The new catch-balancing regime, like any mechanism designed to encourage fishers to balance catch with catching rights, faces major challenges. In particular, increasing Deemed Values to discourage fishers from taking fish for which they do not obtain ACE also provides a greater incentive for them to discard fish. In New Zealand it is illegal to discard most species managed in the QMS. To ensure there is no increase in discarding, it may be necessary to deploy more observers and compliance personnel into high-risk fisheries. Within the new regime high-risk fisheries are likely to be those for which the Deemed Value exceeds the landed value of the species. It may also be necessary for compliance personnel to make greater use of catch profiling to identify instances of discarding where no observer was present.
The catch-balancing regime will be fully tested when shortages of ACE for one bycatch fish stock results in a multi-species fishery closing because high Deemed Value payments make fishing uneconomic. Some opposition from the fishing industry would be inevitable. However, the fishing industry already has experience with fishery closures based on sustainability concerns. One New Zealand fishery closes early most years when the bycatch of marine mammals exceeds a pre-determined limit. The new catch-balancing regime is designed to provide the capability to extend similar protection to fish species. Another challenge is to ensure that the TAC and TACC setting process can respond quickly to new information so that catch limits reflect the real state of each fish stock and utilisation of fish stocks can be maximised within sustainability constraints. For the moment, it appears that the new catch-balancing regime provides New Zealand with strong and flexible incentives with which to significantly improve the management of multi-species fisheries.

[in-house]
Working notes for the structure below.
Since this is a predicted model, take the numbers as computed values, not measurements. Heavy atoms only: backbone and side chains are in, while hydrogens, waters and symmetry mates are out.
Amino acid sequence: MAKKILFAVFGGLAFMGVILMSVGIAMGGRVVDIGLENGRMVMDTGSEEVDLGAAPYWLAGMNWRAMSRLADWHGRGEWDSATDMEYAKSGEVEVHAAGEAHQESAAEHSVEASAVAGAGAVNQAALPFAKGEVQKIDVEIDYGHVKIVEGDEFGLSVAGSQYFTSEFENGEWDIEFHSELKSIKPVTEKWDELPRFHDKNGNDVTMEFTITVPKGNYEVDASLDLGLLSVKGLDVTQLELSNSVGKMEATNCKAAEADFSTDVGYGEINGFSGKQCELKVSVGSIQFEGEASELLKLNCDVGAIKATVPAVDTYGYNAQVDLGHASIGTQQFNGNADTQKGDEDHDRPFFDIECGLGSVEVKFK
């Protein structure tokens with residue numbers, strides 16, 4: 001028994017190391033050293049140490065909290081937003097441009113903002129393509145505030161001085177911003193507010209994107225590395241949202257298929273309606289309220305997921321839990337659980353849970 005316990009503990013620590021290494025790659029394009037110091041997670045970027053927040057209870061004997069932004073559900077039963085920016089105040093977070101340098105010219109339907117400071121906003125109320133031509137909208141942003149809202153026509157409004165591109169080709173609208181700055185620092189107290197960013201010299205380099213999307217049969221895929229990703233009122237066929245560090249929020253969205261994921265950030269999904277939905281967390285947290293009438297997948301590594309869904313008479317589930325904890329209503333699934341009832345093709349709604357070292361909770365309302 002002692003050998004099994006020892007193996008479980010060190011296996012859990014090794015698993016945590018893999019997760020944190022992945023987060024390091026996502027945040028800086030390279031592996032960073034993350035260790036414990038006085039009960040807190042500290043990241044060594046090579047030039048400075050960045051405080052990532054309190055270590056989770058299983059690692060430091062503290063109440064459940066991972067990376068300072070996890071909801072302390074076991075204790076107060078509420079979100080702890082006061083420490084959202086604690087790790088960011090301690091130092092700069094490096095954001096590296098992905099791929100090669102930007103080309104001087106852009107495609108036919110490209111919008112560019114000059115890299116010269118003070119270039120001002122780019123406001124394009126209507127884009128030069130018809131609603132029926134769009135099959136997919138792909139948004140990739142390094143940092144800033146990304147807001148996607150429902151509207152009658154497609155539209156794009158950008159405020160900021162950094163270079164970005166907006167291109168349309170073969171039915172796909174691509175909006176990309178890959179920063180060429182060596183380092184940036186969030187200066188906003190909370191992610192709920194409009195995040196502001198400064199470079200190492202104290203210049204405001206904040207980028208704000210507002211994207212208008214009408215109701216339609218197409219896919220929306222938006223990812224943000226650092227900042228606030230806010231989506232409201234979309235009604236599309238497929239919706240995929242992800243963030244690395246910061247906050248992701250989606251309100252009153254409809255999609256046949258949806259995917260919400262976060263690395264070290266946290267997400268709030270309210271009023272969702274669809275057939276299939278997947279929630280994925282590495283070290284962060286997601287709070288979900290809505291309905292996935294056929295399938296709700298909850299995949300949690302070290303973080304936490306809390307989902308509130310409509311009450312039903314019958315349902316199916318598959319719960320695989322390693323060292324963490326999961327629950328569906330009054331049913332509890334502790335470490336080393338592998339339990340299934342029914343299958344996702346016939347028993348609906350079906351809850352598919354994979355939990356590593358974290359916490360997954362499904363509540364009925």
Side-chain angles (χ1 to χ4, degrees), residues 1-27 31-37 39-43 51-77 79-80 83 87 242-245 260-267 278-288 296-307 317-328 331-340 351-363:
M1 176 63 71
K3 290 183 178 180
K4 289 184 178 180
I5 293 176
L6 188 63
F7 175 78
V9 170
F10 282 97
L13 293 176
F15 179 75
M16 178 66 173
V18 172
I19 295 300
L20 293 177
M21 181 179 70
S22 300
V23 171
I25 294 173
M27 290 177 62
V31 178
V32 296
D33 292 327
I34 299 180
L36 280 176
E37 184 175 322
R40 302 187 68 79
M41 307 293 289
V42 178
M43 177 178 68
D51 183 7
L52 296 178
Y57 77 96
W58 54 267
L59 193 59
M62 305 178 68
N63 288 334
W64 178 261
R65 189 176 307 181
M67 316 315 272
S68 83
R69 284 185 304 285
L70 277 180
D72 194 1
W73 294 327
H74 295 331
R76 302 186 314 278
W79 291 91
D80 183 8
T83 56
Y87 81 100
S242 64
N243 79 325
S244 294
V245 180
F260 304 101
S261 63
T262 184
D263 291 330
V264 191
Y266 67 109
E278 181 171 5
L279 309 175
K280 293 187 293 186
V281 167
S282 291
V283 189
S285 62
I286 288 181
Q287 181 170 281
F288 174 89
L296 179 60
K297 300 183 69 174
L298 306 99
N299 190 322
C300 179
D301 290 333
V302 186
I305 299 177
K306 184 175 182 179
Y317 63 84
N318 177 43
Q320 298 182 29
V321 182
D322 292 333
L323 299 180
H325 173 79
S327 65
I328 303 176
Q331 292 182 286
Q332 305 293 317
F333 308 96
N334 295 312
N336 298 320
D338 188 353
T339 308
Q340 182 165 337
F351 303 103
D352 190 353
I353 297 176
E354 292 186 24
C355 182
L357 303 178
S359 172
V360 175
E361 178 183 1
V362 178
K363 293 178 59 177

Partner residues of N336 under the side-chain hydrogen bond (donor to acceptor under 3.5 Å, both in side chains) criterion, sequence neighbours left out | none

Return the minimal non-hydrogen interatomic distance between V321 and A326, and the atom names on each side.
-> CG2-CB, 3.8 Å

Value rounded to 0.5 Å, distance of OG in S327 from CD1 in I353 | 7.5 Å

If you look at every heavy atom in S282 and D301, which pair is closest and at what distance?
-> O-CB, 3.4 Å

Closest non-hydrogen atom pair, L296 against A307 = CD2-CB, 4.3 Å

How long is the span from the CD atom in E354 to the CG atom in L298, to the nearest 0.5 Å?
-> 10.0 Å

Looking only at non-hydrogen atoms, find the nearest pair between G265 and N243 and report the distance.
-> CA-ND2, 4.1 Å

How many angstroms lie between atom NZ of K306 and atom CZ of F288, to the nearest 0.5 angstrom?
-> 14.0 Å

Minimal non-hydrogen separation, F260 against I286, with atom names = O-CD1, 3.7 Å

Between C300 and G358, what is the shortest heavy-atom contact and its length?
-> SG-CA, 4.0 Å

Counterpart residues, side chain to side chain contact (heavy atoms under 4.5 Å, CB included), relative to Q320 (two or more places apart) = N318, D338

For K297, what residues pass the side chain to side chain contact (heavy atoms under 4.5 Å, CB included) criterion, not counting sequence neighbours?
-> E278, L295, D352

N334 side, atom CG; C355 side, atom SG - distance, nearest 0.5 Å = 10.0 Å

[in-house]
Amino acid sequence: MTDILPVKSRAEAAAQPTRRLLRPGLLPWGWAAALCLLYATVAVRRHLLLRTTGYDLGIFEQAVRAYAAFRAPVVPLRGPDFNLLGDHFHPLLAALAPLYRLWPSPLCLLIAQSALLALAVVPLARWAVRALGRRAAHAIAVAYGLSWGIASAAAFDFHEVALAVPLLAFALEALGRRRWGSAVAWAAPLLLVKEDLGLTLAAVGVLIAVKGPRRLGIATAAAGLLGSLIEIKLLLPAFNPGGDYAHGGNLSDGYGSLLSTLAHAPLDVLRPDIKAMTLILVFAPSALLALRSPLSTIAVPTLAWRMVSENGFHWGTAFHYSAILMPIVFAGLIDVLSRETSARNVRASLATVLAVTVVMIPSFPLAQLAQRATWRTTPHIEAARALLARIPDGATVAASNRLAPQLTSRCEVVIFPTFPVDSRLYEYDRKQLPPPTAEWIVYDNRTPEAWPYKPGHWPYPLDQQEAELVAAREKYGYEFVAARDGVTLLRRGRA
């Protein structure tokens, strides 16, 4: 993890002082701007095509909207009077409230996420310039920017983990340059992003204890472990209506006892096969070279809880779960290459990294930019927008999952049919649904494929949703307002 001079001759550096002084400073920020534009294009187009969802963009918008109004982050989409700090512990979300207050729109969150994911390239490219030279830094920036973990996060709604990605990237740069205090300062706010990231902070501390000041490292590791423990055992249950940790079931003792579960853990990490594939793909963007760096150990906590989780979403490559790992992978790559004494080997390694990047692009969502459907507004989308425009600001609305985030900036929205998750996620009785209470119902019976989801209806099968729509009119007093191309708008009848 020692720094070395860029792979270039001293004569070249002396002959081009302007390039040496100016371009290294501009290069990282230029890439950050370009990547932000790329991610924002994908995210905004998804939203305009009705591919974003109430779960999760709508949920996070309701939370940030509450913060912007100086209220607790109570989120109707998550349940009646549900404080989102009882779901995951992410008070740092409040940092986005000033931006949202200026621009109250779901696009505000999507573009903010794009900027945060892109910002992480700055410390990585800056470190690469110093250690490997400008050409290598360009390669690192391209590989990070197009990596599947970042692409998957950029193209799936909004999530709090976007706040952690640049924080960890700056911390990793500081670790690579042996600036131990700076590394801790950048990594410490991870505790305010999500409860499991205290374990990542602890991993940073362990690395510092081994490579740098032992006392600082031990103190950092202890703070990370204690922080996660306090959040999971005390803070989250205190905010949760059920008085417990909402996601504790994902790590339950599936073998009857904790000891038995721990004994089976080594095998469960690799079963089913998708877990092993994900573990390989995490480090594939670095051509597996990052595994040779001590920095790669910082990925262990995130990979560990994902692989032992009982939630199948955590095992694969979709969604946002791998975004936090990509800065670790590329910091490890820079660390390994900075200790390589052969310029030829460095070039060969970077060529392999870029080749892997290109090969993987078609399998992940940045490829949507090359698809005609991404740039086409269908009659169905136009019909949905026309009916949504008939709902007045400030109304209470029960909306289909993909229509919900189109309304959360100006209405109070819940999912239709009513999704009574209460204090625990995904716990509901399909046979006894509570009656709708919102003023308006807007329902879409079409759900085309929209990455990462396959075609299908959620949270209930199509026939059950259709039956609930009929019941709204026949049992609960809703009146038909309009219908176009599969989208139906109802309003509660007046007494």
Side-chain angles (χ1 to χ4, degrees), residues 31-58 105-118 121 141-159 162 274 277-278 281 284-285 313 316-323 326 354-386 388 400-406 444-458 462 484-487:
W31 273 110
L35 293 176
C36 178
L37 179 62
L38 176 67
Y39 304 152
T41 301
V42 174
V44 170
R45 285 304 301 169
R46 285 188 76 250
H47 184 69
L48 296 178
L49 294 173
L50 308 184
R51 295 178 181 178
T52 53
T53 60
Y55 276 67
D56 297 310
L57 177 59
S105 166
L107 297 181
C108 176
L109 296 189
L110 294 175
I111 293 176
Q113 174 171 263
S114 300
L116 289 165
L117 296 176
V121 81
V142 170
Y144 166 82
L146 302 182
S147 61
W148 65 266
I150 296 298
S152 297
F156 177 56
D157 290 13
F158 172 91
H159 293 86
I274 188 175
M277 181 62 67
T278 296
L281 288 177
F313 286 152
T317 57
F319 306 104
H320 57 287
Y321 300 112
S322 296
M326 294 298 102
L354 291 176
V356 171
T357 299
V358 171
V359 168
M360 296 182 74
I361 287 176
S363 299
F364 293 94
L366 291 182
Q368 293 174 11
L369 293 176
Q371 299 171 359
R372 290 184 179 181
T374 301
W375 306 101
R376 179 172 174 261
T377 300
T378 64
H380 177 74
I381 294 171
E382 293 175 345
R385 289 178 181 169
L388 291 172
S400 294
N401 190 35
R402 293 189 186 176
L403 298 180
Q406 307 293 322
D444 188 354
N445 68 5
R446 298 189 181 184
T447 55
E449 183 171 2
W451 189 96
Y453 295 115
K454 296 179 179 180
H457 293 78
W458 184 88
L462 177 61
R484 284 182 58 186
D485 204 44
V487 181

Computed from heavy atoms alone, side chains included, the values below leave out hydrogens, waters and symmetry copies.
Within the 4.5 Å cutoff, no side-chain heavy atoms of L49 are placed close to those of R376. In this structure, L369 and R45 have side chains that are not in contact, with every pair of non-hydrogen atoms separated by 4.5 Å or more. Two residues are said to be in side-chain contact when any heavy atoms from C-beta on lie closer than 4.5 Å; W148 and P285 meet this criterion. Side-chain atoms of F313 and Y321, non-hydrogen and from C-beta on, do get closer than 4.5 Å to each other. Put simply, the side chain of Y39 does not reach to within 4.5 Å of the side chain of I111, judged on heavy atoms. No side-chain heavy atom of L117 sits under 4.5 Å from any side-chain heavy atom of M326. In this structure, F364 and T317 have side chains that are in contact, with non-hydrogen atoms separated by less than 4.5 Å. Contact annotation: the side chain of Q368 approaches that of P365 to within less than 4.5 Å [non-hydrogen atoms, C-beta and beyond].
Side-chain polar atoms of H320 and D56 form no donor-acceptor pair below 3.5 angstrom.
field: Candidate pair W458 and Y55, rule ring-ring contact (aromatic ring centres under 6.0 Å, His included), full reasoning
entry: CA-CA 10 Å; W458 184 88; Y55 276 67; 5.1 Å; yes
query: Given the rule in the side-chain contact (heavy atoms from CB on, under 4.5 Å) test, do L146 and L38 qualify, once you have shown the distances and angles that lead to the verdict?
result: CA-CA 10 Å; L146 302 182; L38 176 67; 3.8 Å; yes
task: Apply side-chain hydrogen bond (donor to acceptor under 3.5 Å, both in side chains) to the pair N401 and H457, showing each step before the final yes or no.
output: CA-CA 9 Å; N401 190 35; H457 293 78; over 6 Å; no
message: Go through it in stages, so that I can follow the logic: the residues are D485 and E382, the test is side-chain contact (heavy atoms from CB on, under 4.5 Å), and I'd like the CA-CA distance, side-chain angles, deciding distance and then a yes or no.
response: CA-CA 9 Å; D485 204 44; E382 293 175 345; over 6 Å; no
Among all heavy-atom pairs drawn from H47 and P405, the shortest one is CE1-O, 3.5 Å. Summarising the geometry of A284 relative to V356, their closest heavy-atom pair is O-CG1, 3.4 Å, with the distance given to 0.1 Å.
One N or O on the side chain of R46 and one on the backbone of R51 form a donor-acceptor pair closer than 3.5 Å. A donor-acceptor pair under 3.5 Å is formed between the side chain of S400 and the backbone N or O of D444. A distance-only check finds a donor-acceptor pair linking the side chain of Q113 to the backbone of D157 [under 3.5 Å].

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For further information please contact
Mark Edwards, Ministry of Fisheries
04 470 2600